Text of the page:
© Eleanor King (b. 1979, Halifax, Nova Scotia)
Wormhole X
Drawing, 157.4 x 147.3 cm
Global Affairs Canada Visual Art Collection 2019.25.2

Eleanor King is a Nova Scotian artist currently based in Brooklyn, New York. She is a graduate of the Nova Scotia School of Art and Design, a dynamic epicenter for conceptual art practice since the 1960s. King’s artistic practice is based on multi-disciplinary components drawn from music, sound art, social practices, improvisation and other modes of creation, an intersection of her varied roles as performing musician, performer, curator, and art festival director.

In the Wormhole series, colourful, undulating forms trace paths across a white surface.  These “worm paths” are meditative tracings of music CDs, which seem to imprint their syncopated beats in visual form and evoke Spirograph drawings, popular when King was growing up.

© Kathy Kranias (b. 1964, Toronto, Ontario)
Invisibility Cloak 1
Ceramic, 56 x 28 x 28 cm
Global Affairs Canada Visual Art Collection 2019.13.2

© Kathy Kranias (b. 1964, Toronto, Ontario)
Growing Wings
Ceramic, 46 x 15 x 15 cm
Global Affairs Canada Visual Art Collection 2019.13.1

Kathy Kranias is an acclaimed ceramicist and holds a Bachelor of Fine Arts degree in Studio Art from Concordia University (Montreal) as well as a graduate degree in Art History from York University.  Her small-scale sculptures explore movement, the body and emotion.

These two works are allegories of female agency and protection: Growing Wings, from The Wings series, recalls the classical Greek goddess Nike, the personification of victory as a winged female figure. Invisibility Cloak I refers to the Greek myth of Daphne, the water nymph transformed into a tree by the goddess Gaia as she witnesses Apollo attempting to rape her. Both works embody dynamic movement of the female figure through narratives of flight as freedom or protection.

© Divya Mehra (b. 1981, Winnipeg, Manitoba)
Without You I’m Nothing (Eating the Other)
Neon sculpture, 110 x 106.2 cm
Global Affairs Canada Visual Art Collection 2017.85.1

Divya Mehra received her Master of Fine Arts degree from the School of the Arts, Columbia University (New York). Her work explores her personal experiences navigating the social construction of race: as a South Asian Canadian, she mixes popular culture references and acerbic humour to disrupt mainstream narratives of race, marginalization, otherness and diversity.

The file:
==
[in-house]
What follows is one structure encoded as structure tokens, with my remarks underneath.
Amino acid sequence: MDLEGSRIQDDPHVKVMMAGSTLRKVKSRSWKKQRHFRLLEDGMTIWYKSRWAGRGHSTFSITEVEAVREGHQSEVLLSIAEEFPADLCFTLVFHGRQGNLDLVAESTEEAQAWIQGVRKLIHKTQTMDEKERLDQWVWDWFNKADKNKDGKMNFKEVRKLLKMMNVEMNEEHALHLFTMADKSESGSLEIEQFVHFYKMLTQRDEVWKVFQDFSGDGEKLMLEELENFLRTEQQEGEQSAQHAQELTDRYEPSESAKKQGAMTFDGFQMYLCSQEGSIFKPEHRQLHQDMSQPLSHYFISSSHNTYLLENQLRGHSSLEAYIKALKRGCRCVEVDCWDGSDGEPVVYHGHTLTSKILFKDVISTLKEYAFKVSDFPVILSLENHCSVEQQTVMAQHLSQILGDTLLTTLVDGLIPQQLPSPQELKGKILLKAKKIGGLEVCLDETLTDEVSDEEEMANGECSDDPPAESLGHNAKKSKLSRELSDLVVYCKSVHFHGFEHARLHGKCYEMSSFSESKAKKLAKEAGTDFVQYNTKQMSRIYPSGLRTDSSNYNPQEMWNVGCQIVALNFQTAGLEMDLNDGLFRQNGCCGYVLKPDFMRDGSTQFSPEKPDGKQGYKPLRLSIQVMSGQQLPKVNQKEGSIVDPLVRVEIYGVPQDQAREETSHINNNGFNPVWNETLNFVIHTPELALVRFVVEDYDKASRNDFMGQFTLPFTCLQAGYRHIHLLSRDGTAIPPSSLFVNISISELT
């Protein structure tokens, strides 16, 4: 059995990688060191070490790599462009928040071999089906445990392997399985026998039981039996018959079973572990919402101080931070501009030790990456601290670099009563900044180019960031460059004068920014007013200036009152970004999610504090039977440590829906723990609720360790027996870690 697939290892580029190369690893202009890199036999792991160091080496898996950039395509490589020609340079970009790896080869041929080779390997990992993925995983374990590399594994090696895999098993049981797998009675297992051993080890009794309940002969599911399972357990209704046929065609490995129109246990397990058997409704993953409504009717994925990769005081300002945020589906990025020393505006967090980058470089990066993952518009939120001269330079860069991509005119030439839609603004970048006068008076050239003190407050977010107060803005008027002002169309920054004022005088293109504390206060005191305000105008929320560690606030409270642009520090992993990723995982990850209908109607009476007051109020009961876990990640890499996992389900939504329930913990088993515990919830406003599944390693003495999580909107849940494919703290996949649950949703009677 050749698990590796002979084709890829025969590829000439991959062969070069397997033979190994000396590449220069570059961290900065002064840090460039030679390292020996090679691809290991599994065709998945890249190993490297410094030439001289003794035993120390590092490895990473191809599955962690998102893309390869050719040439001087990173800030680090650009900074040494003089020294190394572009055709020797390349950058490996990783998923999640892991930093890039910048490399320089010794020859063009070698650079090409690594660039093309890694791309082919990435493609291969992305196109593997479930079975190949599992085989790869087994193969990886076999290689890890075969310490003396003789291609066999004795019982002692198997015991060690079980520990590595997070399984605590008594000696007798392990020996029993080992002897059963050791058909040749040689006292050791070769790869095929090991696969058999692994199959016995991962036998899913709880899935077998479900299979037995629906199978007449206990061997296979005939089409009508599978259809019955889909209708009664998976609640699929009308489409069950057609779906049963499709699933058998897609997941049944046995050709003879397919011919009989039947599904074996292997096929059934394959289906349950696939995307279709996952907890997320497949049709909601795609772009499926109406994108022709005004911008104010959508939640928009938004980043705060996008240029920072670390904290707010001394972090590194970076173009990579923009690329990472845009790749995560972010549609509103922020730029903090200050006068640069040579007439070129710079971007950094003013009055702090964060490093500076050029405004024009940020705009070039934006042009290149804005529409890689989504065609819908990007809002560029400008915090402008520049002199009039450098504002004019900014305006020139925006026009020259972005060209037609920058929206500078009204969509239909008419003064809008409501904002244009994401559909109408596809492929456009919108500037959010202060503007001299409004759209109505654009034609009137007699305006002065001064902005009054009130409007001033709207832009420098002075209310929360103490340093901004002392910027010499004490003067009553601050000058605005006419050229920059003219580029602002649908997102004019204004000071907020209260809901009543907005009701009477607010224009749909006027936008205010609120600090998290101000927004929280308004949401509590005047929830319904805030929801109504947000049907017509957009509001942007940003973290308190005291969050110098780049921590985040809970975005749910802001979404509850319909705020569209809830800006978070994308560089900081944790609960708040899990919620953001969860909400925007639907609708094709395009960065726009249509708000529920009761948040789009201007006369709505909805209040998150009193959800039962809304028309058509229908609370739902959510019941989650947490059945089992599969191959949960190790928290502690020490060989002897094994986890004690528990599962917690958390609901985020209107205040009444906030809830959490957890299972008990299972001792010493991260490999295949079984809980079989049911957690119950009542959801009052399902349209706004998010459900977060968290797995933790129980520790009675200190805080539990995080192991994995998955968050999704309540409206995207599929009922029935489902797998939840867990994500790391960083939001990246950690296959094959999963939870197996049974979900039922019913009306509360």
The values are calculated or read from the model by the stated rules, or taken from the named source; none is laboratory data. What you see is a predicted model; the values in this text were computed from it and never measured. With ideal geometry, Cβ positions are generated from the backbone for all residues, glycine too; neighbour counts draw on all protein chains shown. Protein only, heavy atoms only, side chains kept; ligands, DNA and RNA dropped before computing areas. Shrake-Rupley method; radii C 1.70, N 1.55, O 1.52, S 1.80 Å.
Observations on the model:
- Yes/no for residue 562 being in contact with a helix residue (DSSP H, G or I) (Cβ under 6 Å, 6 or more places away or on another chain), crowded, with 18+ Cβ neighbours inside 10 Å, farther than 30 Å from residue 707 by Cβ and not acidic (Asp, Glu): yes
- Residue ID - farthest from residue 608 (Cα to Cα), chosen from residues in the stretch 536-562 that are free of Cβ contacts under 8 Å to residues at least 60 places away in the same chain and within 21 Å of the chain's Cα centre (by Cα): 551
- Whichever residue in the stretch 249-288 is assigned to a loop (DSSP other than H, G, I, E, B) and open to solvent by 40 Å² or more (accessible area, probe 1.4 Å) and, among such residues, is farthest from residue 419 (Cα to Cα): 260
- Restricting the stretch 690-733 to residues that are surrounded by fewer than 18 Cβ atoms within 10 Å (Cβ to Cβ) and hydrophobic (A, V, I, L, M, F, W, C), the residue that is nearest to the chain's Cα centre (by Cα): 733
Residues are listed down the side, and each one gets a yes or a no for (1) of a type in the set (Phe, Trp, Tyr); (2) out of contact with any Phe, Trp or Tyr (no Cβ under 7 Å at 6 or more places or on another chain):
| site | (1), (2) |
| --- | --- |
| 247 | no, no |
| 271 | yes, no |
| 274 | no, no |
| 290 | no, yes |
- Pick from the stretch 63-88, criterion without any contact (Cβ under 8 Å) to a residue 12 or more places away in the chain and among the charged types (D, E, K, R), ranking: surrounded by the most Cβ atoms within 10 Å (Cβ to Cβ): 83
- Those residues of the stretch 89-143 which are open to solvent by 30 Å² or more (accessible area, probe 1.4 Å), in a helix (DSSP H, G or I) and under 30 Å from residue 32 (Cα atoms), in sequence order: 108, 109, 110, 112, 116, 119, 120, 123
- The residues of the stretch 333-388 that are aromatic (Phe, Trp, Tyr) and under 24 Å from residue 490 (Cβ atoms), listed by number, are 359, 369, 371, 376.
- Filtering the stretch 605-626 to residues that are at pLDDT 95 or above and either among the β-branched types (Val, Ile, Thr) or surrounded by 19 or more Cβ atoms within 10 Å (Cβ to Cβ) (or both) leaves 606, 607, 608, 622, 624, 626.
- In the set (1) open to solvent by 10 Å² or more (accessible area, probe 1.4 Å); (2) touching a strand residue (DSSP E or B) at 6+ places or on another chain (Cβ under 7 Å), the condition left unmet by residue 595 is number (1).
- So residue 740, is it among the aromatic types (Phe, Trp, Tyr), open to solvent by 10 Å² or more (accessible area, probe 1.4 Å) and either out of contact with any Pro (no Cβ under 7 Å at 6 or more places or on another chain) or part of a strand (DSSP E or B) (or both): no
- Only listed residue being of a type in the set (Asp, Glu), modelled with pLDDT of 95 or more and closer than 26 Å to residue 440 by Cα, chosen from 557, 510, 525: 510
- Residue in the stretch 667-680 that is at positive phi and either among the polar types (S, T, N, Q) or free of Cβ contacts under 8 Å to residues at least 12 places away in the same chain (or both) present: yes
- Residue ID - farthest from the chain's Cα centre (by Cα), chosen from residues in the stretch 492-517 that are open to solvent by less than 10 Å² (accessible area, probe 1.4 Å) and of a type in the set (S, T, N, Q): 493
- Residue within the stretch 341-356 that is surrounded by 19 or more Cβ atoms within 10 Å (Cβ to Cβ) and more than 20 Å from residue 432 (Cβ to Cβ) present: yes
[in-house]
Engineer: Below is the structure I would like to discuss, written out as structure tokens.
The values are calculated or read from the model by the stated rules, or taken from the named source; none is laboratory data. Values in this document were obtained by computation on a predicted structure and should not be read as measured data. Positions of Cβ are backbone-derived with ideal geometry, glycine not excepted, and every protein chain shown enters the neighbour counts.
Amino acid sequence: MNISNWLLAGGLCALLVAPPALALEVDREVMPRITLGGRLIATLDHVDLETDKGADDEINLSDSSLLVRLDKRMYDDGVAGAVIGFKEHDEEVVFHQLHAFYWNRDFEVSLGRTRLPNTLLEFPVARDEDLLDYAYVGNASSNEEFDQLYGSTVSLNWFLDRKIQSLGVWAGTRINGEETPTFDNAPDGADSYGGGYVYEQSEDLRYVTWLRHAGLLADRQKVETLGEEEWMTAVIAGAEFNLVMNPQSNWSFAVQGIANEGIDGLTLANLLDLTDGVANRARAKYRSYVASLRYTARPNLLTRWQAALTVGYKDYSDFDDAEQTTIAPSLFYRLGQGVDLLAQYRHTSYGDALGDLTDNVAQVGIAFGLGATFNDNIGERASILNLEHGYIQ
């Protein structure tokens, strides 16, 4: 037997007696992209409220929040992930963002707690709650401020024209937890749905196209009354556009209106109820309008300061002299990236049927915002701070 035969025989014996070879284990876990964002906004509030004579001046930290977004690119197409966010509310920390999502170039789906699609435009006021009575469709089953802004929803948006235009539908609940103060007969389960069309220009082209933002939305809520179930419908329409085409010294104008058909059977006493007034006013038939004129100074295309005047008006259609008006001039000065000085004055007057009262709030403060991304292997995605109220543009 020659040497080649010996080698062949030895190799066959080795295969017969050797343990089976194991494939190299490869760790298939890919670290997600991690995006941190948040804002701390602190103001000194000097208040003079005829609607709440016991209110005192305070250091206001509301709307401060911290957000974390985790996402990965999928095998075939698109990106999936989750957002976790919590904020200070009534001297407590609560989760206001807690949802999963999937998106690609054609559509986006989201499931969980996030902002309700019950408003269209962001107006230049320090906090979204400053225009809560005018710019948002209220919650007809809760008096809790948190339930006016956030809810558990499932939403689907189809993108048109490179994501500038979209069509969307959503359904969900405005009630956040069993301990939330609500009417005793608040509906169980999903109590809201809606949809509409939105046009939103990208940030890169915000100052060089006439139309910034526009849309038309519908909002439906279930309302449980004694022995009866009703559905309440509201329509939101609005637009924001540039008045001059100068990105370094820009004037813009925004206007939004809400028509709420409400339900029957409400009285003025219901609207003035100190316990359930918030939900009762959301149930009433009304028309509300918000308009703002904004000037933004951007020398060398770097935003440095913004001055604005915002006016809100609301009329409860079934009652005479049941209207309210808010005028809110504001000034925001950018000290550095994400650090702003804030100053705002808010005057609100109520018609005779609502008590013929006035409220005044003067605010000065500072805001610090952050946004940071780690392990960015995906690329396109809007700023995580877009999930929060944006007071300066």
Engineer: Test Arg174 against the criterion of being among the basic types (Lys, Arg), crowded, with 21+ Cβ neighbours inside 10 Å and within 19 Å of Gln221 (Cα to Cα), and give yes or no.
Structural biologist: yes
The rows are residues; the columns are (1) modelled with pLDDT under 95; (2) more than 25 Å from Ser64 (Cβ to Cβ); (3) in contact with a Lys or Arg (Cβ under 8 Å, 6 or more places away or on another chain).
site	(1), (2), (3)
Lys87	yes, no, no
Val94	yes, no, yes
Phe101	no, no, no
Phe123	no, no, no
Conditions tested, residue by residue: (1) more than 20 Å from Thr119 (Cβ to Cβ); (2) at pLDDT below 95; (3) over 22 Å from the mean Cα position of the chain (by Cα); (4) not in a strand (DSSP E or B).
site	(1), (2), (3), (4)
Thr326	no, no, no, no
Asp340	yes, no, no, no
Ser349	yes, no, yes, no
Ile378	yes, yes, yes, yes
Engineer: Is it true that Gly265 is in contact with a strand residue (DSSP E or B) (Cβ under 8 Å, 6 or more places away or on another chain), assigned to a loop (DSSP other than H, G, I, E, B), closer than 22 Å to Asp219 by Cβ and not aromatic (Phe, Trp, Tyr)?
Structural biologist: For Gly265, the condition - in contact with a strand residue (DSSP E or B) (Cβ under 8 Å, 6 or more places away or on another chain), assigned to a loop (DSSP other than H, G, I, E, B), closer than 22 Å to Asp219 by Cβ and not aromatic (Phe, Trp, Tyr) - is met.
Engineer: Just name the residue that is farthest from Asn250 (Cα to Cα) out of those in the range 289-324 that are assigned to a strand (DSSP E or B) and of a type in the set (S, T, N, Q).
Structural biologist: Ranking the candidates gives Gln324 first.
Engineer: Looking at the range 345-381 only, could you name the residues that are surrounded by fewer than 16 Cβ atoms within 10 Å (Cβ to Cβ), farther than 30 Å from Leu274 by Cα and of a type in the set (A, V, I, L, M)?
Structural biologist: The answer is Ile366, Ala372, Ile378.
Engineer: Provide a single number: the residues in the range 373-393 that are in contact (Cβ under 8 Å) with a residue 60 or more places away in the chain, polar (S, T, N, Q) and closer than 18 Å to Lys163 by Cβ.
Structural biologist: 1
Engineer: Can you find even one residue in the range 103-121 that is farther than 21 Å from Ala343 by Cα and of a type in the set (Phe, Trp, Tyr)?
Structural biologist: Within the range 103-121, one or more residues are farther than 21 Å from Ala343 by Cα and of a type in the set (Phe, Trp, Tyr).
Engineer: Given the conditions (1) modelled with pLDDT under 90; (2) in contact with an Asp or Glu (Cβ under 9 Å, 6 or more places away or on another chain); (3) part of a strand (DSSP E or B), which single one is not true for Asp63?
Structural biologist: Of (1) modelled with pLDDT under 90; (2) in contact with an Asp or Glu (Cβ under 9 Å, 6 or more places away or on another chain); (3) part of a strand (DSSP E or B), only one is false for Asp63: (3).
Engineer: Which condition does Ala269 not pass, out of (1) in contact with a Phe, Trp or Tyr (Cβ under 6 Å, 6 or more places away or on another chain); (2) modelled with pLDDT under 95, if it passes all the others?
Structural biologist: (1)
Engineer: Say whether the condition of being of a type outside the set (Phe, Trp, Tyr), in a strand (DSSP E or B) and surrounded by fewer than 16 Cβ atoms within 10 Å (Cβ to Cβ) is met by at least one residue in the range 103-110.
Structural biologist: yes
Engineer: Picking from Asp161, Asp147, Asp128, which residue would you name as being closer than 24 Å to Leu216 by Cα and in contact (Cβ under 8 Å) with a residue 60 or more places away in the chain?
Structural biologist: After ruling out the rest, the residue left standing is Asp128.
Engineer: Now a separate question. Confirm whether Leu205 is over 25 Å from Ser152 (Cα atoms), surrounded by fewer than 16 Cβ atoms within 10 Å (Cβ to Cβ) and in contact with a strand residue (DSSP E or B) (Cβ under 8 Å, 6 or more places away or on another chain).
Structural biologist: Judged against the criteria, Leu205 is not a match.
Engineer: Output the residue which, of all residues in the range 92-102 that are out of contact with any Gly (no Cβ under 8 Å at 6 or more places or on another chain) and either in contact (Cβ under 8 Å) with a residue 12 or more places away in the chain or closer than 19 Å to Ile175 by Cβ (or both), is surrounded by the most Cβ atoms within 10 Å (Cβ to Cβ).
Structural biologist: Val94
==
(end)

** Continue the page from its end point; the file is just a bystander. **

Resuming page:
This work features tasty treats and the invitation “Enjoy Diversity” in neon lights, echoing the upbeat optimism of product advertising slogans. Cultural diversity, Mehra suggests, risks being packaged for consumption as a social good, without closer scrutiny of the long-term effects of colonization and institutional racism. She challenges viewers to consider the perspective of another’s experience.

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© Francine Potvin  (b. 1961, Farnham, Quebec)
Parcelle de temps sauvage
Cyanotypes, 12 prints, each 33.8 x 43.6 cm
Global Affairs Canada Visual Art Collection 2019.56.1a-l

A graduate of the Nova Scotia College of Art and Design (Halifax) and Concordia University (Montreal) fine art programs, Francine Potvin is a ceramicist and printmaker. Her vividly coloured silhouettes of botanical specimens are created using the cyanotype process, using photosensitized paper to produce a cyan-blue print.

In the series Parcelle de temps sauvage, Potvin explores the biological and aesthetic dimensions of Canada’s weed plants, wrongly called “weeds”, and calls attention to the distinction between managed and wild ecosystems.

© Ningiukulu Teevee (b. 1963, Kinngait (Cape Dorset), Northwest Territories)
Lumaajuuq’s Story
Graphite, coloured pencil, 111.5 x 76.5 cm
Global Affairs Canada Visual Art Collection 2018.49.3

Ningiukulu Teevee is one of the most celebrated artists associated with Kinngait Studios (Cape Dorset). Her comprehensive knowledge of the Inuit oral tradition, combined with her distinct, innovative style is expressed through large-scale vividly coloured drawings and prints. In 2017 a gallery exhibition of Teevee’s work was showcased at the Embassy of Canada in Washington.

This drawing is based on an Inuit oral tradition about the impact of trauma on family relationships and the importance of forgiveness in breaking the chain of trauma/revenge. Lumaajuuq’s widowed mother displaces her grief as cruelty to her son. Once a great hunter, the son is now blind due to his mother’s curse. With help of loons, the young man is able to regain his sight and seek revenge, yet upon his mother’s death, forgiveness enables her to transform and Lumaajuuq to forgive. Teevee presents multiple moments of the legend within a single scene: the tormented Lumaajuuq stretches the skin of a recently killed polar bear, whose animal spirit hovers above; the loons, who reveal his mother’s curse and save the blinded hunter from drowning, hover at the water’s edge; the retribution of his mother’s death, drowning as she harpoons a whale, and the power of forgiveness to end continuing pain transforms her into the first narwhal.

Joyce Wieland Hearts

Joyce Wieland (b. 1930, Toronto, Ontario; d. 1998, Toronto, Ontario)
Hall of Hearts
Fabric art, 224 x 183 cm
Global Affairs Canada Visual Art Collection C.C.86
© National Gallery of Canada, Ottawa

Joyce Wieland is best known as an experimental artist and women’s rights activist who made extensive use of quilt making and needlework techniques associated with women’s craft traditions. This bright colour field “painting” in the form of a handmade quilt features eight hearts, each a portal to an unknown destiny.

Wieland’s work was part of the surge of optimism of Canada as a youthful, modern, cosmopolitan and autonomous nation in the wake of the launch of the Maple Leaf Flag and the popular Expo 67.  In 1971, Wieland’s True Patriot Love exhibition was the first solo exhibition by a living Canadian female artist to be organized by the National Gallery of Canada.